Rippling seismic waves seem to target American Cinematheque’s Buck Rogers Cast & Crew Reunion
Guest Author: Pierre Menard
Seismologists are baffled by the continuing series of earthquakes reported in the vicinity of Oak Park, Illinois, a suburb of Chicago. The tremors began early yesterday and have been increasing in magnitude over the course of the last twenty-four hours. Scientists are at a loss to explain the phenomenon, which is taking place in an area not known for seismic activity.
“There are no known fault lines running through Oak Park,” said Professor Armitage of the Miskatonic University. “Strictly speaking, earthquakes are caused by shifts in tectonic plates. We are calling this mysterious phenomenon ‘earthquakes’ only because of the percieved effect, not the cause — which remains unknown.”
The series of tremors began with an almost undetectable blip on seismographs in the area. Since then, magnitutude readings have been increasing logarithmically, although intensity levels so far remain at level #I on the Mercalli Intensity Scale (i.e., people do not perceive any movement).
“This is unlike anything I’ve ever seen,” Professor Armitage said. “The phenomenon is too precise in its repetitions and growth, like clockwork.” Armitage added, “What’s more bizarre is that the epicenter seems to be MOVING!”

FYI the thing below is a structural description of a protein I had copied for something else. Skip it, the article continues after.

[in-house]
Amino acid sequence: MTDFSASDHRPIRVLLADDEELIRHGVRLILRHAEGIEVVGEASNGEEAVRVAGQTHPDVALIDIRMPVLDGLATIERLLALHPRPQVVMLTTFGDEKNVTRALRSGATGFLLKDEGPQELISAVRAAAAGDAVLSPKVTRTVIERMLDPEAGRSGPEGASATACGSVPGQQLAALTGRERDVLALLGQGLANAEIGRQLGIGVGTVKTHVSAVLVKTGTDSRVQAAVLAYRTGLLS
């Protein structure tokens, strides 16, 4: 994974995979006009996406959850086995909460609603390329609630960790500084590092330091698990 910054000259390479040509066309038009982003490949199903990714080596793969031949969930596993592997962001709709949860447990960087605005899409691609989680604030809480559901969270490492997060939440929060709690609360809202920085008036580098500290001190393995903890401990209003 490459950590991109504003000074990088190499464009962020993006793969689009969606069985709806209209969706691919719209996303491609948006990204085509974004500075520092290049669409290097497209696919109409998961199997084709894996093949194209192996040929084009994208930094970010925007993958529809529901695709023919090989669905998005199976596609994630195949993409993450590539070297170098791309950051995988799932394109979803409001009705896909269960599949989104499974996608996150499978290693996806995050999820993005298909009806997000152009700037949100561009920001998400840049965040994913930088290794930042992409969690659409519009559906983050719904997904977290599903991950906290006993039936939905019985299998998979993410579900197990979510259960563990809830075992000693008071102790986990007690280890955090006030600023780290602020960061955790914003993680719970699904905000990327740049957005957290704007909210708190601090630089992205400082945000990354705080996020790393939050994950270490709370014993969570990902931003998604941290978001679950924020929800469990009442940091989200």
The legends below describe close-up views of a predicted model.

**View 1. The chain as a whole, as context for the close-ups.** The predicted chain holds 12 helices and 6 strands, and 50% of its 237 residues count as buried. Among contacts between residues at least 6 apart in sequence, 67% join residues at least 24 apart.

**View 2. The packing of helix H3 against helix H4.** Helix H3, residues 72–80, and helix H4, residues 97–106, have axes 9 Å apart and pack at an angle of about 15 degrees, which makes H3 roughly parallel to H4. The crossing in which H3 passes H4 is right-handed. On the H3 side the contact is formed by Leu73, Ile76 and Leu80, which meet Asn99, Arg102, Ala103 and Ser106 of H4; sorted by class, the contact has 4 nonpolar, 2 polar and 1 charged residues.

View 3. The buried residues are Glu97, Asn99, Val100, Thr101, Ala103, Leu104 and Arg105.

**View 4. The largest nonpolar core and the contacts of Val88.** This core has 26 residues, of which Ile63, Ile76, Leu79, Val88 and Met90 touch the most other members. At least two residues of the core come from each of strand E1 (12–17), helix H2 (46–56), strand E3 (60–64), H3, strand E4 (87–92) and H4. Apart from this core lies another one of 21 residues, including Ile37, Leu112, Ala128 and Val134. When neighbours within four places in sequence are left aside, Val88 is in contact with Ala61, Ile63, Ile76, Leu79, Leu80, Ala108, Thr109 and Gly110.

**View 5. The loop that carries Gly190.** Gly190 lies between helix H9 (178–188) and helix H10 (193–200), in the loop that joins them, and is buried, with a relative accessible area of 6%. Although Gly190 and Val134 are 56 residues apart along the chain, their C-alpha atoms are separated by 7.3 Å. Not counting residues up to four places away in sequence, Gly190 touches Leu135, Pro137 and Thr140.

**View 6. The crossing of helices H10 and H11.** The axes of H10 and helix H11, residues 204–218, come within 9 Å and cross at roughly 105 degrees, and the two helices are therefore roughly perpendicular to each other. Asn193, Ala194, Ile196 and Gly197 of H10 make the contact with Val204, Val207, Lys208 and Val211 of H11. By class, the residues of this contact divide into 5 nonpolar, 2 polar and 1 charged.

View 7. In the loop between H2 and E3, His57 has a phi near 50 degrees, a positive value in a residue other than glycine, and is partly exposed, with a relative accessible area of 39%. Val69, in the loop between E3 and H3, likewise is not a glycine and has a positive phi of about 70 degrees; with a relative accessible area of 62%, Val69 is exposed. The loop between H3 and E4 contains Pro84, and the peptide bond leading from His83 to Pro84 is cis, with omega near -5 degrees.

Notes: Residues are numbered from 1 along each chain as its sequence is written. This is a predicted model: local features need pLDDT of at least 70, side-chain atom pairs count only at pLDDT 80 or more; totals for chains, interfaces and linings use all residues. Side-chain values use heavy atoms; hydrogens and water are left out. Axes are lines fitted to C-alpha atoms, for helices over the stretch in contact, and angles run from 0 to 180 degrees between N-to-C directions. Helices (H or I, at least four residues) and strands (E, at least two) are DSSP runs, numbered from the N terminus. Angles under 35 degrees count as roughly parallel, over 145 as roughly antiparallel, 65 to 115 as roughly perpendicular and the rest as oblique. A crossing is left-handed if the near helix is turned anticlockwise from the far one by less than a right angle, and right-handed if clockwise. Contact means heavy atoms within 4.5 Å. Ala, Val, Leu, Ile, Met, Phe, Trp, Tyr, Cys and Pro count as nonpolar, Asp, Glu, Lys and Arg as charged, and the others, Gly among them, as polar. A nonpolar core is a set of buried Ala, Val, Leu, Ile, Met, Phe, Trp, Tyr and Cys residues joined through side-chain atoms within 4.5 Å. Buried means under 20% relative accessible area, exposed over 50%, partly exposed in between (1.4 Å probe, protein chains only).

Armitage added that the epicenter for each subsequent tremor has been pinpointed by triangulating seismograph readings, revealing a steady progress in a westerly direction. “As the magnitude has increased logarithmically, so has the speed at which the epicenter is traveling,” Armitage said.
Armitage went on to explain that the precision of the phenomenon allowed him to extrapolate the quake’s ultimate destination.
“If the present rate of acceleration and magnitude increase continue at this rate, I predict we will see a massive ‘earthquake[‘ on Tuesday, November 9 at 8:00 o’clock post merdian Pacific Coast time in Hollywood California. The epicenter will be precisely at 6712 Hollywood Blvd, just beneath the Egyptian Theatre. The magnitude will be upwards of a 10 on the Richter Scale, and the percieved effects will be a #XII on the Mercalli Intensity Scale.” (The Mercalli Scale measure earthquake effects rather than the actual magnitude. A rating of #XII indicates rippling waves in the ground, movement of large rocks, objects thrown in the air. Most of the surrounding city would be destroyed.)
Asked to offer a hypothesis to explain this unprecedented phenomenon, Professor Armitage took a deep breath and paused uncomfortably. Pressed for an answer, he finally relented.
“What I’m about to say goes against all my years of scientific training, but it’s the only thing that makes sense: Frederick S. Clarke, the late publisher of Cinefantastique magazine, is spinning in his grave.”
From 1970 until his death in 2000, Clarke edited and published Cinefantastique from his office in Oak Park, Illinois. The magaizne was sort of the thinking man’s answer to Starlog; that is, Cinefantastique took science-fiction, fantasy, and horror movies seriously.